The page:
A new federal program intended to save the lives of Afghan interpreters and embassy staff by resettling them in Canada delivered its first planeload on Wednesday, but advocates say it needs to work faster and that the eligibility requirements need to be broader.
The government announced the program two weeks ago after months of pressure to provide assistance to Afghan nationals who have been employed either by the Canadian military or Canadian diplomats in Afghanistan.
The employees’ relationship with Canada now puts them and their families in potential danger because the U.S. is withdrawing its troops from Afghanistan. The Taliban, a hard-line Islamist group gaining territory in the country, could now seek reprisals against those who have worked for foreign countries. The new program allows the Afghan workers and their families to come to Canada through a fast-tracked immigration process.
At a news conference on Thursday morning, Immigration Minister Marco Mendicino confirmed that the first planeload of Afghans had arrived in Toronto on Wednesday. He said it would be the first of many flights.
Reporters asked Mr. Mendicino about the number of people on the flight, as well as how many the government expects to bring into the country over the coming weeks, but he said he could not share that information because it could pose a security risk to those still in Afghanistan.
Mr. Mendicino previously said he expected to resettle several thousand people.
“Today is a good day,” Mr. Mendicino said at the news conference. “Today brings with it a sense of hope, optimism and a sigh of relief for those first Afghan refugees that touched down last night, and got up this morning to begin a new life here.”
More flights will be arriving in the days and weeks to come, he said, and the resettlement program has operational support on the ground in Afghanistan, including language supports for when people fill out their English applications. Mr. Mendicino added that the Afghans are arriving under the government-assisted refugees program, meaning they will be fully supported by the federal government for one year.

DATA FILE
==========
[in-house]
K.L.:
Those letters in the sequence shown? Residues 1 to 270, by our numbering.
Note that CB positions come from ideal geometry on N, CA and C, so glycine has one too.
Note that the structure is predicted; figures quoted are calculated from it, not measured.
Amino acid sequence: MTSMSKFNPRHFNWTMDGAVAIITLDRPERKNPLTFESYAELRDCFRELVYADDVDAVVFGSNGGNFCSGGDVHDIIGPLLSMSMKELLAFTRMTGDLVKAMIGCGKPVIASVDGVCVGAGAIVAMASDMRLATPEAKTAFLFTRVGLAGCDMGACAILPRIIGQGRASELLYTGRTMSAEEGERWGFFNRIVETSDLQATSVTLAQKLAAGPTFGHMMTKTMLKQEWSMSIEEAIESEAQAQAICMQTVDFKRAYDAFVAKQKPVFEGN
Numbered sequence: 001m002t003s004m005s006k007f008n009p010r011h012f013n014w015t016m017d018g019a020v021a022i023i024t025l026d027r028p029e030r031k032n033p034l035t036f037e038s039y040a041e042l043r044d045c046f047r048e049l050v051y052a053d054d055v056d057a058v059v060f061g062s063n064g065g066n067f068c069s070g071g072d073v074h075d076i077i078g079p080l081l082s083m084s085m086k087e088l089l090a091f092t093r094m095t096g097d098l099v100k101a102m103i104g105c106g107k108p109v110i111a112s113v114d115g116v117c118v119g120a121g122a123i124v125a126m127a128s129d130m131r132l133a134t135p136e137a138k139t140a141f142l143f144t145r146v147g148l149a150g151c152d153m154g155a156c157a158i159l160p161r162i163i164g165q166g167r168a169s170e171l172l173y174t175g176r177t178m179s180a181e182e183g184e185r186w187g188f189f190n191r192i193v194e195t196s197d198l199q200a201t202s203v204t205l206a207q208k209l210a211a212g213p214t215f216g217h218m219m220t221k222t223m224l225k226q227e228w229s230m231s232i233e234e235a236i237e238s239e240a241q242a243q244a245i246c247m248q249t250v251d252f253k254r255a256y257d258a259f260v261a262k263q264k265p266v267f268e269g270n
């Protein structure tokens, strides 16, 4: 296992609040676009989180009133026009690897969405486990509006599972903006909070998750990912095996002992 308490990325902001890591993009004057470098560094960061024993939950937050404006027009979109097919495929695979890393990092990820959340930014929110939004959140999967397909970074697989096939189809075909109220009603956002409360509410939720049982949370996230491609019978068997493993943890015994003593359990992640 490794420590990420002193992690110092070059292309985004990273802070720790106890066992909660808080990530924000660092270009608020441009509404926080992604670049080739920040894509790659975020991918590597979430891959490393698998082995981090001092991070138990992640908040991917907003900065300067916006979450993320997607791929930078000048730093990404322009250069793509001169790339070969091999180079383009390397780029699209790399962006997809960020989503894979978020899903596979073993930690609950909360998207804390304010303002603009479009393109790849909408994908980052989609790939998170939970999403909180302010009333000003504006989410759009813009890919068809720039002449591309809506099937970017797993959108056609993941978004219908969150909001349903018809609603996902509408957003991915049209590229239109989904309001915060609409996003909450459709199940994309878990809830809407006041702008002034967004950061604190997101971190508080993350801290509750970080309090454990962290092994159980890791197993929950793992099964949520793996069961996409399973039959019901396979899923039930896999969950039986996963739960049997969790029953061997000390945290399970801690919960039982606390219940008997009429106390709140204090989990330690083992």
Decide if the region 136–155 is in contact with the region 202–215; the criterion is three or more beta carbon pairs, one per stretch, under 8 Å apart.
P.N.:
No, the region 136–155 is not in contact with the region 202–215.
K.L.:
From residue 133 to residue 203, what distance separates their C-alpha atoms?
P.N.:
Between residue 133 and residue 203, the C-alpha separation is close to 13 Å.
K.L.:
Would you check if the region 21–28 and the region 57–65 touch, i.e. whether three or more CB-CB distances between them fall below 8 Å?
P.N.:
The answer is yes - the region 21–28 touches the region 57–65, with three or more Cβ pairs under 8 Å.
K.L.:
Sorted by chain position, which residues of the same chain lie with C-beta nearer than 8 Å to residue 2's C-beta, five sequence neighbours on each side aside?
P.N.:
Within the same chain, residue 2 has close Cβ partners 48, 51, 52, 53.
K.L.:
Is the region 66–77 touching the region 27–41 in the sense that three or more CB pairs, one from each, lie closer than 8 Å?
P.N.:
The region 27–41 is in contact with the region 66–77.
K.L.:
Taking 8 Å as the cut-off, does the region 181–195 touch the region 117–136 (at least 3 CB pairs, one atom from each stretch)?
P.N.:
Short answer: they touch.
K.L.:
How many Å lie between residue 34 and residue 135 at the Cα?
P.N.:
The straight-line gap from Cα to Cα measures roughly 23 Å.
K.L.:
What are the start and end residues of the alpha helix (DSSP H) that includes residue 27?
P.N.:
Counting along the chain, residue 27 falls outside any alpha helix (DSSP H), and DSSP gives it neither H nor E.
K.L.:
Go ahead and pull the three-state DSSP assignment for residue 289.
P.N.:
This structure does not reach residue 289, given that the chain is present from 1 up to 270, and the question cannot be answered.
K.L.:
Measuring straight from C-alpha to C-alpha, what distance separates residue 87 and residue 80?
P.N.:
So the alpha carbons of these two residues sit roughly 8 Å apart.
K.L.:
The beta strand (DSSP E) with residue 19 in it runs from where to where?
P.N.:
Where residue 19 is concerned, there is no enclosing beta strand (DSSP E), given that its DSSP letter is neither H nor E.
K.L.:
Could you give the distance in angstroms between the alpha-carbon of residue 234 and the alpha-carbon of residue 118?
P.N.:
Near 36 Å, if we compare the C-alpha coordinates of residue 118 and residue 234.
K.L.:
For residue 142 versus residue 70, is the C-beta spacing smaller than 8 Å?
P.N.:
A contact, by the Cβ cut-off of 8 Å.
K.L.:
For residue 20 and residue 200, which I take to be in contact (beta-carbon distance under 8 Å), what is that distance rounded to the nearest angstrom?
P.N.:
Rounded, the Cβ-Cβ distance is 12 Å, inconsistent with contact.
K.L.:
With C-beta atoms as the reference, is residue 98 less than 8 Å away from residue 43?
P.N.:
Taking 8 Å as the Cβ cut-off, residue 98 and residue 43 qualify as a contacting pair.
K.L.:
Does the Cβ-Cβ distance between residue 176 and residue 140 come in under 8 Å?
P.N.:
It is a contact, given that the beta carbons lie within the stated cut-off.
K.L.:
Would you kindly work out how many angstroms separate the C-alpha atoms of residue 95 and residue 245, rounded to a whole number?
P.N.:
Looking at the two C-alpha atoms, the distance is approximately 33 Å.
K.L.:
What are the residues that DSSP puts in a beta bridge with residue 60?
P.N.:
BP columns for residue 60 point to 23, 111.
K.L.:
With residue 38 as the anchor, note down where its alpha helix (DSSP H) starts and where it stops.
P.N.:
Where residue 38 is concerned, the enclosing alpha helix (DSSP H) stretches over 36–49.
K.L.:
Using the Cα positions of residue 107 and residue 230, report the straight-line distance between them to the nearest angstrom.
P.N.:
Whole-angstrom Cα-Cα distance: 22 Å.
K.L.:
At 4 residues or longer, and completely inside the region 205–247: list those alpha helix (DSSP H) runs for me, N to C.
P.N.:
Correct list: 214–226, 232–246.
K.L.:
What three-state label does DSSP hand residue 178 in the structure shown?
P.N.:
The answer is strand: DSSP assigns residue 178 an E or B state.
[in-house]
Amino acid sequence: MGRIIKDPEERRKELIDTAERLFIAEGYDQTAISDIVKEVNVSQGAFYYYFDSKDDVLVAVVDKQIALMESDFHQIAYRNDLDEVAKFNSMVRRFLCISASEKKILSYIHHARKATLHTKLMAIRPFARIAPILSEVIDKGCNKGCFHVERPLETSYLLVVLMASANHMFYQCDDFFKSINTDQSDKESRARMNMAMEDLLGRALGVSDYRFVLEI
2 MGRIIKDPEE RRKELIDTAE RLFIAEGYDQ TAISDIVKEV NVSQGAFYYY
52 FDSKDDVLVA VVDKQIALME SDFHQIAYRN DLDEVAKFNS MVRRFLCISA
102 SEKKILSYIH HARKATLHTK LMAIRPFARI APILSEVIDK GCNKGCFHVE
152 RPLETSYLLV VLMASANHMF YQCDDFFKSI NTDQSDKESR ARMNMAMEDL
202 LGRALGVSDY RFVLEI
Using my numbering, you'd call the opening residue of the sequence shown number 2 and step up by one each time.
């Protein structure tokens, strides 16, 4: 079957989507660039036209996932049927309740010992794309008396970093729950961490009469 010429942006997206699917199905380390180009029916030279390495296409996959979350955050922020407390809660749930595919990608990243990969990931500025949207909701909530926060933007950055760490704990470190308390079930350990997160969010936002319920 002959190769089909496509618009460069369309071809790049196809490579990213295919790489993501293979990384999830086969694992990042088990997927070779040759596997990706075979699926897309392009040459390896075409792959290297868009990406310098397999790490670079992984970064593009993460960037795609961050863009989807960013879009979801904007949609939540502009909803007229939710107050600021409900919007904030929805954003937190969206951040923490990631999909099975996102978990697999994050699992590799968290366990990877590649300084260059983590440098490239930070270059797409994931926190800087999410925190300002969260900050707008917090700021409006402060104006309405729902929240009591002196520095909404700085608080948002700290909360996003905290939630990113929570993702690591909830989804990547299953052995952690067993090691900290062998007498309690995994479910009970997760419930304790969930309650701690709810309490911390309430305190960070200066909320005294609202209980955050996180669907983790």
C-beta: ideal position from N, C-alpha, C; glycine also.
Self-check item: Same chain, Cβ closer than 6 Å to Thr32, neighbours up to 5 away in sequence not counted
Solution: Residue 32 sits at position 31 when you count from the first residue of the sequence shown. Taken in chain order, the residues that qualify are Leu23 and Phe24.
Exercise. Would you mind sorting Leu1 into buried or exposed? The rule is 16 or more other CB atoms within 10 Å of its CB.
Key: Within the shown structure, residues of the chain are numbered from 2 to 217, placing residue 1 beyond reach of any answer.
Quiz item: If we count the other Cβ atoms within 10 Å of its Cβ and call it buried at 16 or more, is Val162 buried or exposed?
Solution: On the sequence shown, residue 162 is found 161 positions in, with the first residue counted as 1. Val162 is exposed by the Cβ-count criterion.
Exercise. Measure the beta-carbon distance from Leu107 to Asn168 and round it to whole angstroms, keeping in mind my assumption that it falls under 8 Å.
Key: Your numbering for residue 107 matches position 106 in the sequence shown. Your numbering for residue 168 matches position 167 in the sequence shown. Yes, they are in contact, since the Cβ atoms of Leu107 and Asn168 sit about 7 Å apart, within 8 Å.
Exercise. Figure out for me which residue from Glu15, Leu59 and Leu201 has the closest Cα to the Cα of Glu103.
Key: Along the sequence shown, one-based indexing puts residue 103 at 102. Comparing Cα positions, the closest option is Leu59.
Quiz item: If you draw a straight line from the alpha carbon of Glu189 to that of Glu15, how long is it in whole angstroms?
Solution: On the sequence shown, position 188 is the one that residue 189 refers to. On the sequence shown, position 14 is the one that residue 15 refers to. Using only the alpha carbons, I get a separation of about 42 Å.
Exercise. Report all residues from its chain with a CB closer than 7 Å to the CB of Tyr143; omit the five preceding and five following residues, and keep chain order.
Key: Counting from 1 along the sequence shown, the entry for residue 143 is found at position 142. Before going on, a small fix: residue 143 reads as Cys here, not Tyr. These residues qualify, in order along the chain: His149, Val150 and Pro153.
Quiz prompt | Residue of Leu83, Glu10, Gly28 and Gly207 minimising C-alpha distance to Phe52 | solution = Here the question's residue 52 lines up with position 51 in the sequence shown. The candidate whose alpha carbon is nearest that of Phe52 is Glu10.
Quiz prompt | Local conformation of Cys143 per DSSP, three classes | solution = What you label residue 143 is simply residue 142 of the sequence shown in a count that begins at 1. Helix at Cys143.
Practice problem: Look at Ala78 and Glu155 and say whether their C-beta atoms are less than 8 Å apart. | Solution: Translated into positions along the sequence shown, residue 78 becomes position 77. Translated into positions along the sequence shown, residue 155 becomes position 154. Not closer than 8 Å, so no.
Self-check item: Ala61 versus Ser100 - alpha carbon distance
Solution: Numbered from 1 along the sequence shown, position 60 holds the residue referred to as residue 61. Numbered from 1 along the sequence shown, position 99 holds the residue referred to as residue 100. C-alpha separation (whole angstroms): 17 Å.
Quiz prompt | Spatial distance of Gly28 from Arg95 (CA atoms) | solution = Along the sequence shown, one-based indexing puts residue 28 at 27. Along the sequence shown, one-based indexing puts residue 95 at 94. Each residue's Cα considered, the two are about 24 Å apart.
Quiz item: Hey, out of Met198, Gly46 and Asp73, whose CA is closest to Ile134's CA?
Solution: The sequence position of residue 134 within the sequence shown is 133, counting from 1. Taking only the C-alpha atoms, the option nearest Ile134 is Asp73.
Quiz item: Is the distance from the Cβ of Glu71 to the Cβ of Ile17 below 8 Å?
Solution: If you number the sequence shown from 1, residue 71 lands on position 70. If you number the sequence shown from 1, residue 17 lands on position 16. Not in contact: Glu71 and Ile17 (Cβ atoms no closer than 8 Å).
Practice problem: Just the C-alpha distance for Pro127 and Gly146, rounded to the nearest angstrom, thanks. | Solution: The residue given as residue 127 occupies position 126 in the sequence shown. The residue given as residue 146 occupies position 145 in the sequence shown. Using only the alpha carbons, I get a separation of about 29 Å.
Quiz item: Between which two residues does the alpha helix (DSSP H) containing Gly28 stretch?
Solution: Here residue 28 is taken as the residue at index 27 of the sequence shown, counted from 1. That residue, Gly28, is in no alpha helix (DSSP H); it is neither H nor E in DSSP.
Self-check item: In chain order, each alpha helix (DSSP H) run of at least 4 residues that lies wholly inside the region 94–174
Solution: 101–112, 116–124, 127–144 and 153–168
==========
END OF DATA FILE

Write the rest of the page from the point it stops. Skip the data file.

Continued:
“I want to recognize the significant contributions of these brave Afghans, who have provided support to the government of Canada, and I know they will continue to make great contributions to our country,” he said on Thursday.
Andrew Rusk, co-founder of Not Left Behind, an organization made up of veterans and families of veterans who advocate for government action on this issue, said that he is “relieved” Afghans are beginning to arrive in Canada. But he added that he’s very concerned that the resettlement process may not be moving quickly enough, and that certain deserving people may be excluded. Some Afghan interpreters had been resettled in Canada years before the new program was announced, he said, and now there is uncertainty over whether they will be able to use the new expedited process to bring over family members who are still in Afghanistan.
The new program allows people to request to bring family members with them. It does not explicitly include the extended families of those already in Canada.
“We need to move faster, and we need to open up our eligibility criteria to ensure everybody that is being threatened with violence from the Taliban is included and brought to safety,” Mr. Rusk said. “We’re at the dawn of a grave humanitarian crisis.”
A former interpreter, whom The Globe is not naming for his family’s safety, worked with the Canadian Armed Forces for a number of years and resettled in Canada in 2010. He said in an interview that his move to Canada increased the risk to his relatives left behind in Afghanistan, and that he wants the federal immigration department to listen to people in his situation and help their families.
Earlier this week, he said, he applied through the government’s new program to bring his siblings and parents to Canada, but he hasn’t yet heard back. The first thing he does when he wakes up every morning, he said, is check his phone to see if there is any bad news from them. He said he has already had cousins killed by the Taliban.
Former Afghan interpreters now living in Canada held a rally on Parliament Hill on Tuesday to demand that the government bring their families to safety.
Jenny Kwan, the NDP Critic for Immigration, and Randall Garrison, the NDP Critic for Defence, said in a statement that Afghan interpreters, other Afghans who worked for Canada and their extended families are in a “highly precarious situation.”
“Although many collaborators are finally being helped to come to Canada, the Liberals’ new process is not good enough,” the statement said. The NDP is asking the government to broaden the program to allow for extended family, and for the application deadline to be extended.
The Conservative party did not respond to a request for comment.
Know what is happening in the halls of power with the day’s top political headlines and commentary as selected by Globe editors (subscribers only). Sign up today.